Sam was taken aback by the question and had no good answer for it, even if he had been prepared. "I don't," he admitted. "I have no idea when or where they're going to happen. I'm sorry, Chris, but I really don't know how to control any of it. I guess you're just going to have to try your best." He gave a helpless shrug, trying not to squirm under the scrutiny of the other man. Chris simply nodded and turned away from him, opening the door and slipping out of the apartment and Sam's sight.
Sighing, Sam returned to the living room and the window. The sun was rising in the sky and the streetlights were turning off, leaving the world bathed in a soft golden glow. Wondering where Hannah had gone to, Sam debated whether to call his brother again or not. Deciding against it for the moment, he picked up the phone book Chris had been looking at when Sam interrupted him. Flipping it open at a random page Sam recognised the writing instantly. Scanning down the list of names and addresses, nothing jumped out at him and, frustrated, he slammed the book closed, replacing it where he thought it probably lived.
Coming to the conclusion there was nothing to be found in the living room, or anything further of interest in the bedroom, Sam decided to take a quick look in the kitchen while he still, apparently, had time. Pulling open drawers and cupboards quickly and efficiently, it was easy to see that Hannah was a girl who liked to eat out a lot. There were various packets of dried food and cereal, a carton of milk and some juice but not much else.
Pulling open what turned out to be the cutlery drawer, Sam froze. Caught at the very back of the drawer, behind the knives, was a fabric pouch. At first Sam thought it was a hex bag, but commonsense told him a witch wouldn't have one of those in her kitchen. Tentatively taking it in his hand, he turned it over until he found a small zipper. Opening it slowly, he took a look. The opening, however, was too small for him to see anything so he gingerly put one finger inside.
The contents of the bag were soft and, to Sam's great relief, dry. He wondered if he could identify the contents without emptying the entire bag but it was such a small pouch it seemed impossible. Casting his eyes round the kitchen, he found a small plate onto which he poured the contents.
Any other person would have just accepted the collection of herbs as a poultice or drawer freshener. Sam wasn't any other person though, and he instantly recognised the assortment of hemlock, wolfsbane and belladonna along with a couple of leaves he had never seen before. Poking the leaves cautiously with one finger, he shook his head slowly. It seemed Dean's insistence that Hannah was a witch was on the mark. The herbs in front of him easily lent weight to his brother's assertion.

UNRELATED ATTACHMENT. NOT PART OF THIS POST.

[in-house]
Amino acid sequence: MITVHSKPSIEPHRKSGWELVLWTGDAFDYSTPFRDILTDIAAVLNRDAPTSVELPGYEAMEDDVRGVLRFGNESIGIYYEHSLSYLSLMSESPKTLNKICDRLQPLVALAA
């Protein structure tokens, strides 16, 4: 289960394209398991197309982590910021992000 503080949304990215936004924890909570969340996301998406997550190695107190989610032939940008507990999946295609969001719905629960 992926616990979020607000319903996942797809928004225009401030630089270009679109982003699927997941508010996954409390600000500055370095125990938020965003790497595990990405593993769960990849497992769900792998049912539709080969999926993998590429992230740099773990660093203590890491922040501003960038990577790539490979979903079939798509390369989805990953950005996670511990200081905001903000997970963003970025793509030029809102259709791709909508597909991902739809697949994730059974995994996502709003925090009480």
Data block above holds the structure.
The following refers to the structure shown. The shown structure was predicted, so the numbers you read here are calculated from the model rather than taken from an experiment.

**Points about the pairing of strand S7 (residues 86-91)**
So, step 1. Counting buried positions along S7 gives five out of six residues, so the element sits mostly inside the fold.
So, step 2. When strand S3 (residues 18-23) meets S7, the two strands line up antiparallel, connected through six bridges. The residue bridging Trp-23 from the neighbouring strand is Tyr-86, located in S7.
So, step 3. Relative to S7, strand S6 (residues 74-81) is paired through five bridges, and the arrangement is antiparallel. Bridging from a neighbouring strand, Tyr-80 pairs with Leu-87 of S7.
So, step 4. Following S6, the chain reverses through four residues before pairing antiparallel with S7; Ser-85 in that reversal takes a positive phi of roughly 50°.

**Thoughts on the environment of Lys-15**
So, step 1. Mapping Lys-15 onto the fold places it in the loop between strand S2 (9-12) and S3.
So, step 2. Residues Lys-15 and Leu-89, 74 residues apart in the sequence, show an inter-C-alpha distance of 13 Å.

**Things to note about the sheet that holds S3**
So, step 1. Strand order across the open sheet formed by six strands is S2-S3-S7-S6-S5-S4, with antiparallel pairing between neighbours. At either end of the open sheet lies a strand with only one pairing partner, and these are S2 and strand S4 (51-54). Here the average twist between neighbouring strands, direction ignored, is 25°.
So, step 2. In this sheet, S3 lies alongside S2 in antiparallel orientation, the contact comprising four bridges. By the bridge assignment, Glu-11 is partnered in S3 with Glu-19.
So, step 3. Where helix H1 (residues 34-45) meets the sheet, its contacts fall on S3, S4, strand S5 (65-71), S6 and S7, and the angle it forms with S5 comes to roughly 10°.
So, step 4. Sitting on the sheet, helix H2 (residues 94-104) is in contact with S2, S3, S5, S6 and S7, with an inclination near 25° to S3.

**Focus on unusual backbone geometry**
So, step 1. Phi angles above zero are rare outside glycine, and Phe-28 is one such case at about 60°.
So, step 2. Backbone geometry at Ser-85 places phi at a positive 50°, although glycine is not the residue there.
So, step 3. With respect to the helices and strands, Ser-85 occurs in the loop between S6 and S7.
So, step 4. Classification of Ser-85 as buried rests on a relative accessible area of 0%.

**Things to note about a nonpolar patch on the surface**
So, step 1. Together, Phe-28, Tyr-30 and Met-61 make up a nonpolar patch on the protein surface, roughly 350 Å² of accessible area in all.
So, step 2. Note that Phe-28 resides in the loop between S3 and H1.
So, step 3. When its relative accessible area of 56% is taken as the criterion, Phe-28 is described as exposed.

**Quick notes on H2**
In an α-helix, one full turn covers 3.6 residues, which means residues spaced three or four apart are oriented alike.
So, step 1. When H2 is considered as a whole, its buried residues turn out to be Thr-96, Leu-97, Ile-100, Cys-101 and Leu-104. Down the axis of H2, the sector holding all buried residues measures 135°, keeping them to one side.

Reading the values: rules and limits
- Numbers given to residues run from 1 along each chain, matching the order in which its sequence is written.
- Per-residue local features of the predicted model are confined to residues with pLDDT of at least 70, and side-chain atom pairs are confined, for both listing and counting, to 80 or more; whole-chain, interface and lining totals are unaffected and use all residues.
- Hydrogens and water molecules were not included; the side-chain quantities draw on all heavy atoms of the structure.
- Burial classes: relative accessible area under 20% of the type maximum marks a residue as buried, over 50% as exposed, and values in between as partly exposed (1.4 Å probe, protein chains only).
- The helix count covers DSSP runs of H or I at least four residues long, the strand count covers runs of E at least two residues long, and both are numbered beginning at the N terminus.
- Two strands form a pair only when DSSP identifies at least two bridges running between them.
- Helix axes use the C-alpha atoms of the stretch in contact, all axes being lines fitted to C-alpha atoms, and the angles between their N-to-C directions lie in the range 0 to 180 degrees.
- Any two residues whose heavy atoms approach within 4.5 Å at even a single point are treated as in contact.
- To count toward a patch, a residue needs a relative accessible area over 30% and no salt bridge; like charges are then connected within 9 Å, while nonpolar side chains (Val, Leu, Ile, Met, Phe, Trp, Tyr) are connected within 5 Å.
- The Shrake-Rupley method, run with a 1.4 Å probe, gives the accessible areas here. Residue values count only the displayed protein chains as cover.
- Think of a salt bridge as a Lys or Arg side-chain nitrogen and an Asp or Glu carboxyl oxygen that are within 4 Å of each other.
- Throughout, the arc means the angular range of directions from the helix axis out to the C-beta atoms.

Carefully refilling and replacing the pouch, Sam decided he'd learned everything he was going to from Hannah's place. What he needed now was to confer with Dean and form a new plan of action. His brother still hadn't returned his call and he was becoming a little anxious.
Letting himself out of the apartment, Sam made his way back to the alleyway where they had based themselves to spy on the girl. Taking his phone one more time, he redialled the last number, Dean's, and waited for it to connect. Half expecting it to go to voicemail once more, Sam was more than a little surprised when a voice answered on the second ring.
"Where's Dean?" Sam was on instant alert. Dean rarely left his phone anywhere other than on his person intentionally.
"Dean can't come to the phone right now, Sam. Maybe you'd like to speak to him in person?"
"Who is this?" Sam demanded, back ramrod straight, muscles tight. He was regretting letting his brother out of his sight and mentally cursing Dean for not staying out of trouble. Because he had no doubt that's where the older hunter was – slap bang in the middle of trouble.
"Come down to the Lounge Club and find out," the voice taunted him. "I'm sure Dean will be delighted to see you."